In other words, to say Medellin needn't have been notified, one must embrace the idea that the United States can and should knowingly violate an existing treaty. That's just wrong. The federal government is still obligated by the rule of law to protect Medellin's Vienna rights, which is why the Bush Administration including Secretary of State Condoleeza Rice are calling on Texas to stay the execution until Congress can fulfill its SCOTUS-articulated duty. This isn't really about "making friends," but whether America's word can be trusted by other nations.
The Supreme Court ruled that states aren't bound by the treaty and that gave the state of Texas a narrow time window in which it could legally carry out Medellin's execution under US law. But Texans are also Americans. The United States of America is bound by Vienna requirements and our nation's failure to fulfill them still violates US international obligations, regardless of domestic legalities. Medellin's execution will amount to a breach of treaty, even if the feds can't force Texas (for the moment) to comply.
If the United States doesn't intend to abide by treaties, we should not enter into them. But when we do, those obligations constitute the "rule of law" just as much as other types of statutes. Those who say so-called "internationalists" would "thumb their noses" at the rule of law need to find a mirror. Somehow the phrase "internationalist" has morphed into meaning, "people who think the United States should not violate longstanding treaties."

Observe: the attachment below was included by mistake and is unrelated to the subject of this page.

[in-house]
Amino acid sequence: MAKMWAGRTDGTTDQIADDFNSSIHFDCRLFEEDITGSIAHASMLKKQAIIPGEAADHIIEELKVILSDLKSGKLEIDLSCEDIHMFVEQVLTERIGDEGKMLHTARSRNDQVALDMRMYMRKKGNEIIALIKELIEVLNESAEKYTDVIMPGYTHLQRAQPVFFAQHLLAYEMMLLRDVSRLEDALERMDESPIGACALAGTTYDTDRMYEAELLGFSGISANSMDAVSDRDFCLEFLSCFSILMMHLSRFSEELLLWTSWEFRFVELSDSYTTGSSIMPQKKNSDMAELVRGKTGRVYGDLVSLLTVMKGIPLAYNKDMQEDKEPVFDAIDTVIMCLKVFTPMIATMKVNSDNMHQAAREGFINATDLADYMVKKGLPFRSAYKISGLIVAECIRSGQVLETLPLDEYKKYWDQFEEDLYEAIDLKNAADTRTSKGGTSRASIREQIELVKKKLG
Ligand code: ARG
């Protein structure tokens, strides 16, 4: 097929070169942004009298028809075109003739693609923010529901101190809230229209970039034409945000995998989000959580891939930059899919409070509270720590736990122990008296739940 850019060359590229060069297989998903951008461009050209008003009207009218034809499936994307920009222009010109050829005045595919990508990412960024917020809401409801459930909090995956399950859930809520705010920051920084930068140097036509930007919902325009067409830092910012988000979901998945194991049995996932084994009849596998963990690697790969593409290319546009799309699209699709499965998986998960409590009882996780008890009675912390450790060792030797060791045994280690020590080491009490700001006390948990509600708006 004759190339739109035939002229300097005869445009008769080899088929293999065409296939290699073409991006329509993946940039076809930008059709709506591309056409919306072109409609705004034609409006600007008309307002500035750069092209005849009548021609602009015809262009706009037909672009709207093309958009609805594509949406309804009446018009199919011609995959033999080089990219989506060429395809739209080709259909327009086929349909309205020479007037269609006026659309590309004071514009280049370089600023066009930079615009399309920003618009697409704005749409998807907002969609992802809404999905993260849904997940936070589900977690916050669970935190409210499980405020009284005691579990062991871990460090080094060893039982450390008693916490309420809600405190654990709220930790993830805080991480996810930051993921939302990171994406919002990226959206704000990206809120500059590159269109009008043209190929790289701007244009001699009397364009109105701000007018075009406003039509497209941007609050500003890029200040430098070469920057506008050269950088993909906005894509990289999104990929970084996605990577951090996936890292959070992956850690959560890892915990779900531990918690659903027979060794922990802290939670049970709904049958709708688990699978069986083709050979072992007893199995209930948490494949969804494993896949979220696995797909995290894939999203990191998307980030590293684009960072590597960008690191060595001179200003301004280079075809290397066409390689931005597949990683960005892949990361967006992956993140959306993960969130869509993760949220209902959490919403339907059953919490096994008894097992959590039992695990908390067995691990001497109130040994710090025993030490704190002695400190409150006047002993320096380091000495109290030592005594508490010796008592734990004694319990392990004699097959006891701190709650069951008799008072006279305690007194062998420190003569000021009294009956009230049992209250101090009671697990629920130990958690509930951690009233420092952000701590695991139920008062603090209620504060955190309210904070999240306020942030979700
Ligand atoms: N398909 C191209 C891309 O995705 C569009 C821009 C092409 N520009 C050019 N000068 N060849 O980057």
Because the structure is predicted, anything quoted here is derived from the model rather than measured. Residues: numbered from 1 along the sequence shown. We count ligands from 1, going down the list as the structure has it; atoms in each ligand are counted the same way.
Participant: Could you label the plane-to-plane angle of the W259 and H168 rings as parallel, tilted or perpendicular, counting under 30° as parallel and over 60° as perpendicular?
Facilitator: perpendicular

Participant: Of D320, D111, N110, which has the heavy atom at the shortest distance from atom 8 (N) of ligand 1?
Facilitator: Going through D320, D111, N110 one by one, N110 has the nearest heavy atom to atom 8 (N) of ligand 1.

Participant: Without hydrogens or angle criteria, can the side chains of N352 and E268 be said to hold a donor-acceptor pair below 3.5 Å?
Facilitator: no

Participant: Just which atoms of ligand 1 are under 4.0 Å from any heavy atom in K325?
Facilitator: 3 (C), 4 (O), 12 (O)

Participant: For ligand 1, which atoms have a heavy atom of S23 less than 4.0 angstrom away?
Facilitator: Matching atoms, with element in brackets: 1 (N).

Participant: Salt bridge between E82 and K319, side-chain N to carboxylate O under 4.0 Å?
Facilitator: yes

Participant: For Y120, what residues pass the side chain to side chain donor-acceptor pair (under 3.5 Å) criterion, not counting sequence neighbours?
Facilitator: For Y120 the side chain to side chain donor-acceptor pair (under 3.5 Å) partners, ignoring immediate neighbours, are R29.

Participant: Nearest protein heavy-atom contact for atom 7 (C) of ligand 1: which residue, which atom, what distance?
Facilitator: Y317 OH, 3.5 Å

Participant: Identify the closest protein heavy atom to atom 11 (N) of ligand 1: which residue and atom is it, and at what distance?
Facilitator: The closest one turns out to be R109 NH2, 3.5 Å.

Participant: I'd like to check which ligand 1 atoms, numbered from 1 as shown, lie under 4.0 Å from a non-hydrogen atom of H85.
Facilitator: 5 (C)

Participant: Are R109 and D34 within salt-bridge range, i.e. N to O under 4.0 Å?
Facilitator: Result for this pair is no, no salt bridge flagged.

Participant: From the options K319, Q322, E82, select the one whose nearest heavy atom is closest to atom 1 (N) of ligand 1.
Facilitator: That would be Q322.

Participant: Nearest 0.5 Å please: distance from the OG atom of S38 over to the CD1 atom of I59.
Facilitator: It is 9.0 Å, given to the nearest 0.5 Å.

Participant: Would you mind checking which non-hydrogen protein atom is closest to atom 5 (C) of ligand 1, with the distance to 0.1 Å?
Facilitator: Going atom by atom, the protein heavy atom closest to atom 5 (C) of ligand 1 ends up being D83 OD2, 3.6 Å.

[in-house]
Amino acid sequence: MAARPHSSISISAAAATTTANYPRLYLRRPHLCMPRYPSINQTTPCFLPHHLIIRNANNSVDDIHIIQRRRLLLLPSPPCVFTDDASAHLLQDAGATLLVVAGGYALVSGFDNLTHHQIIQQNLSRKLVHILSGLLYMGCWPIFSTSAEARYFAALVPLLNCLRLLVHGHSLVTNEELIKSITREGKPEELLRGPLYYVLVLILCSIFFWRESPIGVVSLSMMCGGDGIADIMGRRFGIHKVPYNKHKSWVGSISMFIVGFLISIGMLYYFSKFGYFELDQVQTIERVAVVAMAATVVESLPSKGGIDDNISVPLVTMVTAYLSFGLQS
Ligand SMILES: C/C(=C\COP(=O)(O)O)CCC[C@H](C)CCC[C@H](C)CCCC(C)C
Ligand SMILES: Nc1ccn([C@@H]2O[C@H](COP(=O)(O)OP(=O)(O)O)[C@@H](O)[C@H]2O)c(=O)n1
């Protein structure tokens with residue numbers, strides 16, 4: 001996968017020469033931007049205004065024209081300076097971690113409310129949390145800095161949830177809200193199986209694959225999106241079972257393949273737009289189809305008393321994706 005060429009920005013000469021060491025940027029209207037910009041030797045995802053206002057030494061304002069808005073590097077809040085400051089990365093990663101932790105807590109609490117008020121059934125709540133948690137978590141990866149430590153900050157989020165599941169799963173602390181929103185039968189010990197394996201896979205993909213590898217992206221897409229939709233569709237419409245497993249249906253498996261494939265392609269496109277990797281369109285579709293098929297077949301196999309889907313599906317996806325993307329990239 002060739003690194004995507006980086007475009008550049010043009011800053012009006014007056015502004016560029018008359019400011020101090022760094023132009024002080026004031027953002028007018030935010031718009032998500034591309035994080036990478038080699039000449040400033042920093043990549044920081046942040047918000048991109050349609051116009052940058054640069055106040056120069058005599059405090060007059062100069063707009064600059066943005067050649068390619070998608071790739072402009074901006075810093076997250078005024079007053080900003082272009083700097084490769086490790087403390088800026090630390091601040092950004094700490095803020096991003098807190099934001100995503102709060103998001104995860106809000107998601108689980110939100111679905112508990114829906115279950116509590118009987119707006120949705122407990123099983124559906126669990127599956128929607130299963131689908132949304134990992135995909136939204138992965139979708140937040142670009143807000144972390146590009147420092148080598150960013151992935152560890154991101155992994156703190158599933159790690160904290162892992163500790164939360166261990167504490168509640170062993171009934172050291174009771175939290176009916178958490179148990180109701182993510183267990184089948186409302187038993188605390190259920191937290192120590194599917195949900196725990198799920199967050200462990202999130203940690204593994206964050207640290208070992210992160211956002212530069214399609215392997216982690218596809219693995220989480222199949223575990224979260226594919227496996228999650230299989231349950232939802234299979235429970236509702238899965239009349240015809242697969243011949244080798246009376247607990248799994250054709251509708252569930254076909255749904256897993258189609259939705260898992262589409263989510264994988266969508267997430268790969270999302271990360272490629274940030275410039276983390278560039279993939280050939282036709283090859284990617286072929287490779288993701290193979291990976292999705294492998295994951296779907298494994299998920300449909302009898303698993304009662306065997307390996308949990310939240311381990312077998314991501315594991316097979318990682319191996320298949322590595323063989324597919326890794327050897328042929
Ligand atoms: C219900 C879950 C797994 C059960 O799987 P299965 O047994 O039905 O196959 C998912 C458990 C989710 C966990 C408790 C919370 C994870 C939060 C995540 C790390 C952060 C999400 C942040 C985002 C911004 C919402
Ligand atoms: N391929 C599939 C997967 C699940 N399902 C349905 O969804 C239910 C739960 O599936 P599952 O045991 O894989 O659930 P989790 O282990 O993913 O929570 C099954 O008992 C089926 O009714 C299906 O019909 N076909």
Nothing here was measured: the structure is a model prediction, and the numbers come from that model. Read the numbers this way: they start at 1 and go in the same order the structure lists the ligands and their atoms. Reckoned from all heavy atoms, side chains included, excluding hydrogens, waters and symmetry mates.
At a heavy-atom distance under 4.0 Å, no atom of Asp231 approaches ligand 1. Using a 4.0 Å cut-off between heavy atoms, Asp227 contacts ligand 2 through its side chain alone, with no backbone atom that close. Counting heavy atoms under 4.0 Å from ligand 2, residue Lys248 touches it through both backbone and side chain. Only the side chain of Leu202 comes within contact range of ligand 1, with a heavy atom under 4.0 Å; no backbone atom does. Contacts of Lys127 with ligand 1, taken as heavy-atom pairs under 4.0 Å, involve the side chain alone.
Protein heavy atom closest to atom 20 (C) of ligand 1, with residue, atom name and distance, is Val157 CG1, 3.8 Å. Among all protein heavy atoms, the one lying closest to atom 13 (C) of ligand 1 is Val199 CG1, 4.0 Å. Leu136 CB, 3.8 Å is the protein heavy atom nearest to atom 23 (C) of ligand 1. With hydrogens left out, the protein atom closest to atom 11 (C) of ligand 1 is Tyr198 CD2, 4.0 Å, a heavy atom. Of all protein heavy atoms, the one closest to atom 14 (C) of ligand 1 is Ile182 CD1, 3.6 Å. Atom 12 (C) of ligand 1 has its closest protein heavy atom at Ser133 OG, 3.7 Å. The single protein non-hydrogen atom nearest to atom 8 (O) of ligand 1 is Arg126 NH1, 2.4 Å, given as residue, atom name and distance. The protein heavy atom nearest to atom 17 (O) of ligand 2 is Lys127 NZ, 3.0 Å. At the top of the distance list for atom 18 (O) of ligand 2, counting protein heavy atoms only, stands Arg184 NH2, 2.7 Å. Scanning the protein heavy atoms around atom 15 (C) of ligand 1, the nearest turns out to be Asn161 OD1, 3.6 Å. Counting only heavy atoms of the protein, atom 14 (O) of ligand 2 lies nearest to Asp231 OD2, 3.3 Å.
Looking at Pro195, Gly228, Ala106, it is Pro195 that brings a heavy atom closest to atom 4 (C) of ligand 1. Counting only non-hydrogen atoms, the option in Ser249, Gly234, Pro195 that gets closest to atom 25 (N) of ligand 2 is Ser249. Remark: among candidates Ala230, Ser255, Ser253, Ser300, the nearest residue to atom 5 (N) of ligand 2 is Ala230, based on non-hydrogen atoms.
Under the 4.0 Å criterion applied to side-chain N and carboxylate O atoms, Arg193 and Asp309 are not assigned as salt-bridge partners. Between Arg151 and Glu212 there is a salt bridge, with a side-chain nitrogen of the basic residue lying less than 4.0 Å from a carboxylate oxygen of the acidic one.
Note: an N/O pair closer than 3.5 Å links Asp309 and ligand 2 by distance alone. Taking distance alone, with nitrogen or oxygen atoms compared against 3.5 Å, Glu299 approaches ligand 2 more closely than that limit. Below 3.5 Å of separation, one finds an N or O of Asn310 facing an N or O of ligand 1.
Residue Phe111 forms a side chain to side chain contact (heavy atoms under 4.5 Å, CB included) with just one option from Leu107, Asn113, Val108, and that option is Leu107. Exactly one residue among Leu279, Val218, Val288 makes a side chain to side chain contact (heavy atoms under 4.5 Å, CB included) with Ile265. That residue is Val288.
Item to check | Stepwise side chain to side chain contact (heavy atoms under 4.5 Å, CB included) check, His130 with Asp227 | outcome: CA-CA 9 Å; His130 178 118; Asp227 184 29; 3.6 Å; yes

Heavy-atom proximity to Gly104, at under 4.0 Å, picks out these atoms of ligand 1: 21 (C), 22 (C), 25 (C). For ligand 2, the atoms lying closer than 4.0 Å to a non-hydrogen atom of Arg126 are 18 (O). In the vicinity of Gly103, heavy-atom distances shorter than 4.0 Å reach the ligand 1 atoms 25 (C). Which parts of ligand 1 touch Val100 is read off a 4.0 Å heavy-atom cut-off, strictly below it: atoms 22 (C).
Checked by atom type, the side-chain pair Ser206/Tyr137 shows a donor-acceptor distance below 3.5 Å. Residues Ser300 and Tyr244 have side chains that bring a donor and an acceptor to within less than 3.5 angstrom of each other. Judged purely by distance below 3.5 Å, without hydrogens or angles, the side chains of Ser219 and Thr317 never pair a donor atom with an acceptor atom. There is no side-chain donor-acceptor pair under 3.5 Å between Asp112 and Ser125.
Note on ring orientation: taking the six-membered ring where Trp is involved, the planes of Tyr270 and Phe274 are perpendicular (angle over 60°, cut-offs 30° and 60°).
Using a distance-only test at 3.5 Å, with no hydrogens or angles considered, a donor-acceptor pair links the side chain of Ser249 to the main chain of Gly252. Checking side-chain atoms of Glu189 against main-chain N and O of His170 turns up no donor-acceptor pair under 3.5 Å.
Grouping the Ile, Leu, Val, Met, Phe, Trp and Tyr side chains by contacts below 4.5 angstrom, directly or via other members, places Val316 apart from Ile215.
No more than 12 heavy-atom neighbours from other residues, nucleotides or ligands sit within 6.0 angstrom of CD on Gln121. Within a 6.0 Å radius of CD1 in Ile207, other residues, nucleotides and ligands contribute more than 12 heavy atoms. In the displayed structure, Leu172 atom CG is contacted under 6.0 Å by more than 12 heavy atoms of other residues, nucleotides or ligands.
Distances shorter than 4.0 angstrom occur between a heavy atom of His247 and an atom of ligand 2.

Typically, those baying most loudly for an immediate death sentence portray US treaty obligations as mere flights of fancy, as Kinvig did when he referred to the:
banal musings of an international court seeking to impose its will, and arguably its moral compass, on nonconsenting sovereign governmentsHow exactly is the United States a "nonconsenting sovereign government" when we willingly signed onto the treaty? The International Criminal Court wasn't just "musing" on the topic - they were using mechanisms our government agreed to to tell the United States to do what it said it would do 45 years ago in Vienna. The feds agreed; Texas said "F-You."
I would prefer that consular notification questions had come up regarding a case with a less hot-button underlying crime, because the issues would be the same if Medellin were convicted of shoplifting. But tonight's execution date raises the stakes and simultaneously makes the violation of Medellin's Vienna rights an irreversible act. The whole episode reminds me of a remark from H.L. Mencken that popped up recently on my "Quote of the Day" feed:
That's exactly the dilemma here. Those who think rights for everyone shouldn't be abrogated find themselves reduced - in this case as in so many others - to advocating for the rights of a scoundrel, which description surely fits Jose Medellin.
“The trouble with fighting for human freedom is that one spends most of one’s time defending scoundrels. For it is against scoundrels that oppressive laws are first aimed, and oppression must be stopped at the beginning if it is to be stopped at all.”
- H. L. Mencken, 1880 - 1956